Over 200 acres of farmlands were confiscated for CNOOC’s exploration operations. According to a source close to the local land department office, “The Chinese paid 40,000 kyat for each farmer who lost land, regardless of the size of the farm. However, the township chairman takes 10,000 kyat for himself.” Interviews with farmers corroborate this, confirming that the money is given to Burmese officials and does not always reach the owner of the land.

In large-scale oil exploration, “drilling mud,” a mixture including wastewater and oil, is used to lubricate the drill bit and pull cuttings away from the well head. It may contain volatile organic compounds, polycyclic aromatic hydrocarbons, arsenic, barium, lead, corrosive irons, and other hazardous substances. Contradicting its own claims that they would use proper environmental protection measures, CNOOC has recklessly dumped these wastes on Ramree’s farmlands and in creeks, leading to fish kills and sickness. To dispose of drilling mud at CNOOC’s Renandaung drilling site, workers dug shallow canals, draining the sludge into the Chaing Wa Creek which flows past several local farms before emptying into the Bay of Bengal.

“Since CNOOC began drilling, I often find dead fish in the river,” stated one local farmer and traditional oil driller. “In the beginning, we ate the fish. But no one dares to eat them anymore after people began getting headaches and falling sick. The headaches lasted about two or three days. These days we also get itchy after going in the creek. We have to take a shower immediately after we go in the water. It was never like this before. Nobody warned us not to go in the creek, and no one has helped [treat] our sickness.”

Oil spills and improper disposal of drilling fluids from CNOOC operations destroyed rice farms, plantations, and small trees. The soil is now unsuitable for growing crops due to reduced nutrients and infused with toxins. This is a setback which threatens food security, health, and source of income for the locals.

Pollution CNOOC

Pollution from CNOOC exploration has destroyed many farms and waterways

SPDC Confiscated

The SPDC has confiscated hundreds of acres from local people for CNOOC’s oil drilling


8. Terror, Intimidation, and Human Rights Abuses

CNOOC pays the Burmese military to protect drilling sites. Light Infantry Battalion 543 is deployed to guard the Chinese oil plants in Block M. Burmese army soldiers are known for the brutality and violence that they use against civilians. Instead of securing peace, the presence of troops has allowed environmental destruction to continue unabated and added to the suffering of local people. Beatings, killings, and sexual violence have been used or condoned by the military to instill a climate of fear and ensure total acquiescence to SPDC and CNOOC demands. In August 2006, five villagers, including one pregnant woman, were beaten to death in Kyauk Phyu Township by navy and possibly army personnel. The family of one victim attempted to sue the Navy, but their lawsuit was rejected. They were later paid one million kyat in compensation. Villagers have no protection from such abuses and no recourse for justice.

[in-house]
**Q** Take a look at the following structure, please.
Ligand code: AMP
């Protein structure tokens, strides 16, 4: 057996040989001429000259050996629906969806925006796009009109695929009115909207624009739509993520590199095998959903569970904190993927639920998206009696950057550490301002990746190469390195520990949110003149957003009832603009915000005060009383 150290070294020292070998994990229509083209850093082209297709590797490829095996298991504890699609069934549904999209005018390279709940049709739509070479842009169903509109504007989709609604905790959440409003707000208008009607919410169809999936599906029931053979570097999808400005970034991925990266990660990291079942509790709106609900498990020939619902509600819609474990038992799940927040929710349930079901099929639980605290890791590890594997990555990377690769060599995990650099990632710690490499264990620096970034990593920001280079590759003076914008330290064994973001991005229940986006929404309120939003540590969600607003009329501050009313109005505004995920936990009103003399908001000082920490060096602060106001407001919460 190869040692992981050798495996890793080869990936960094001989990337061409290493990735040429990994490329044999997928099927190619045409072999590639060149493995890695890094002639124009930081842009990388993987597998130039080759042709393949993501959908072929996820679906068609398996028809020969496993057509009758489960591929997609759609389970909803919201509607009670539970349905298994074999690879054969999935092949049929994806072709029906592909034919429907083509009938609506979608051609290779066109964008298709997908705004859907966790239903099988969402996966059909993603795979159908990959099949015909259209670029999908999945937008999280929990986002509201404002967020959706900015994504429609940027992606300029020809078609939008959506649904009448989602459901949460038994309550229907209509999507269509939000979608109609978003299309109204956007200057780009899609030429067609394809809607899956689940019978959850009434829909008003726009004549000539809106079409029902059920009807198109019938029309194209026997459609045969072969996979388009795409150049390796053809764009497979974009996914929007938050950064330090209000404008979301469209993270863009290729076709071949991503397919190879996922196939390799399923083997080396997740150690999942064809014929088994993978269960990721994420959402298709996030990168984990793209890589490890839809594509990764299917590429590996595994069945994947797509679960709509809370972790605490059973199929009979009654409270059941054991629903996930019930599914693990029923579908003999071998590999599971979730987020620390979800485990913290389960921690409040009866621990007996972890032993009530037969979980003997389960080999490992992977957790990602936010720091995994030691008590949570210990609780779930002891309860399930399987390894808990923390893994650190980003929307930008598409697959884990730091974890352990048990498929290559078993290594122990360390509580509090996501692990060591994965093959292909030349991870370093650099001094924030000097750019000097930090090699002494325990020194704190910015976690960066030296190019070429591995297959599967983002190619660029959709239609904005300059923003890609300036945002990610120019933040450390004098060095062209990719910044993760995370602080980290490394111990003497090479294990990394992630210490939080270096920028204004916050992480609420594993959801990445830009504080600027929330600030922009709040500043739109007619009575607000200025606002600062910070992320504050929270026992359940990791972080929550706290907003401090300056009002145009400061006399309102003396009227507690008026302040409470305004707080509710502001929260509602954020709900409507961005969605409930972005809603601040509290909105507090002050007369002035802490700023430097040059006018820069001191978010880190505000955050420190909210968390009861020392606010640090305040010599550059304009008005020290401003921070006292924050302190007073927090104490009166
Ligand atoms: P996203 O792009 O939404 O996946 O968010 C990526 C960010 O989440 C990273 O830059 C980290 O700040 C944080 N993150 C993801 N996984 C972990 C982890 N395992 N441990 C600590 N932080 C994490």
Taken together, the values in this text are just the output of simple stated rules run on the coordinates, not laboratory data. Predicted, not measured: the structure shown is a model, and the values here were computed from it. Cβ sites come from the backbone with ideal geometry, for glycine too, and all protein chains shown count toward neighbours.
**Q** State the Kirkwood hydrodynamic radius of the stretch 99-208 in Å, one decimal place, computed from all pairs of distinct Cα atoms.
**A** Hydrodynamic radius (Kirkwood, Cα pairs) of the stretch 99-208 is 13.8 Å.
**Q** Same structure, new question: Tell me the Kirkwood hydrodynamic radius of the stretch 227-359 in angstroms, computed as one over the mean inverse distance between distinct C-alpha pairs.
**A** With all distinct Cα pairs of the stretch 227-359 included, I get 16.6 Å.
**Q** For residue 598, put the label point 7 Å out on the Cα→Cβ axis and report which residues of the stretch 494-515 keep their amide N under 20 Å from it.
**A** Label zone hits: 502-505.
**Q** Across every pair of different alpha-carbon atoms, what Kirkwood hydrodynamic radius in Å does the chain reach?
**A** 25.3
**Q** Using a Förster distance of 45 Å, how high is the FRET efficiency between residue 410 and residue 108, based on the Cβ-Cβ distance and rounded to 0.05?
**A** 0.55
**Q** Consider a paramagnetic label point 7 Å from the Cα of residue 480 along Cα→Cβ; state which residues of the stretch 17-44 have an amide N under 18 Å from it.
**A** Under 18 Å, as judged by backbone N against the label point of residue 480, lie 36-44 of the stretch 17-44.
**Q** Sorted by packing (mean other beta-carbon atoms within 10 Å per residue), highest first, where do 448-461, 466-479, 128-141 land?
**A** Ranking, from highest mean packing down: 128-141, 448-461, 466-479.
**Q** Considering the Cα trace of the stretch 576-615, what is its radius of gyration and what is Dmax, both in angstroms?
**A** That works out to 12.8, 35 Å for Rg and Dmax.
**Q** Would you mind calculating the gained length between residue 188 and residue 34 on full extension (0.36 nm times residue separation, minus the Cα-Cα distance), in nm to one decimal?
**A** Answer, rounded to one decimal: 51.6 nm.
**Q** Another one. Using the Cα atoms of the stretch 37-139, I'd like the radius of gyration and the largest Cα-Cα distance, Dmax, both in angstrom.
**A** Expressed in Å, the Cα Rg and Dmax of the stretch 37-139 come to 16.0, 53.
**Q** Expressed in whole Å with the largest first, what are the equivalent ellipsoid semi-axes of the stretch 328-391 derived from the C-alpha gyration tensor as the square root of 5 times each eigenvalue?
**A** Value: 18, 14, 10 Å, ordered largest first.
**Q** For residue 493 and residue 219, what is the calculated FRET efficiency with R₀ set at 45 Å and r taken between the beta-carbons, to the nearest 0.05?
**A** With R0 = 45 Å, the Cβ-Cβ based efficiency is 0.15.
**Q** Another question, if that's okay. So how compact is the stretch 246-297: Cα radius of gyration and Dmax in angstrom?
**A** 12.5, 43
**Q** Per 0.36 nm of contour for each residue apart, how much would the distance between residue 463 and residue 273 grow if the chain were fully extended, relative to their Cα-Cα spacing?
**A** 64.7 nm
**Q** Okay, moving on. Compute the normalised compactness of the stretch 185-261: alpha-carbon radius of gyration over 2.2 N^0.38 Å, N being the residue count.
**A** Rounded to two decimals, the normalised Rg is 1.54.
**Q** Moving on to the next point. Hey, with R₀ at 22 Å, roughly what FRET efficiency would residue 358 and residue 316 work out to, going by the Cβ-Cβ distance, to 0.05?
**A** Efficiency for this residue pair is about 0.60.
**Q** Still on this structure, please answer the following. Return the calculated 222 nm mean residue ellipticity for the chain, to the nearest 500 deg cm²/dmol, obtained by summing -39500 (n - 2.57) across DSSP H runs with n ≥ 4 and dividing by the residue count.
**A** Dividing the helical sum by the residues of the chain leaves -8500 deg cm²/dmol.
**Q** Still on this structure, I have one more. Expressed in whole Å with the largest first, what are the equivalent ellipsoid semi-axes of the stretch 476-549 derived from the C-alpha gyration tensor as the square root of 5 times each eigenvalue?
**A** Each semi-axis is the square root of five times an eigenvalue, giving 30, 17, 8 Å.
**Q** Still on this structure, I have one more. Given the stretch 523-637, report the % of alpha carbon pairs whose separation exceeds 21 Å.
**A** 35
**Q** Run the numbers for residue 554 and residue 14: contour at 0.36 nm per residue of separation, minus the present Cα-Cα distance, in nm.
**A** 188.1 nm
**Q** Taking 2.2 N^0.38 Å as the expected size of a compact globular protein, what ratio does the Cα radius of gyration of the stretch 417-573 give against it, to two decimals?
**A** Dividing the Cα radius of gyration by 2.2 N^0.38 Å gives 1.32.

Expressions of dissatisfaction and dissent are swiftly suppressed. To vent their frustrations of two and a half years of Chinese oil exploration, underground explosions, land seizure, and pollution of local creeks, about ten frustrated villagers broke into the CNOOC site at Renandaung on April 28, 2007. They emptied chemicals from 50 gallon plastic barrels and took off with the drums. They also destroyed and looted drilling equipment and supplies. In early May, about 30 people took the remaining barrels and other items such as rope, iron pipe, and engine oil. The total value of stolen goods was about one million kyat. Soon after the incident, the army cracked down on the village, arresting all the men, interrogating and beating them, and jailing three shop owners who had purchased the stolen goods. The SPDC searched houses, with some soldiers kicking over rice cookers, a highly-respected household item. Because of this violent response, seventy people have since fled to other towns, to Rangoon, and some as far as Malaysia and Thailand.

Burmese officials and Chinese oil workers have been complicit in rapes of local Ramree women. A female student from the Education College in Kyauk Phyu was brought to CNOOC’s drilling camp in Renandaung by U Hla Win, an official from the Myanmar Oil and Gas Enterprise (MOGE). It is widely believed that she was raped by at least ten Chinese workers. Locals who tried to intervene were prevented from entering the camp. The student was sent to the local hospital unconscious and expelled from her college afterwards. Another rape also occurred at CNOOC’s Lay Daung exploration site. Similar cases of sexual violence have been reported to the International Labour Organization, and locals are in constant fear of such attacks by local authorities and the Chinese.


9. Conclusion

Chinese oil operations on Ramree Island in Block M, involving underground explosions, the confiscation of local oil wells and farmlands, the destruction of crops and pollution of waterways, were all conducted without prior consent or even knowledge of local residents. Villagers had no opportunity to participate in the decision-making surrounding the operations and have no course of redress. This total disregard for community rights helped fuel the anger that exploded in April 2007 and resulted in the destruction at the exploratory drilling site in Renandaung.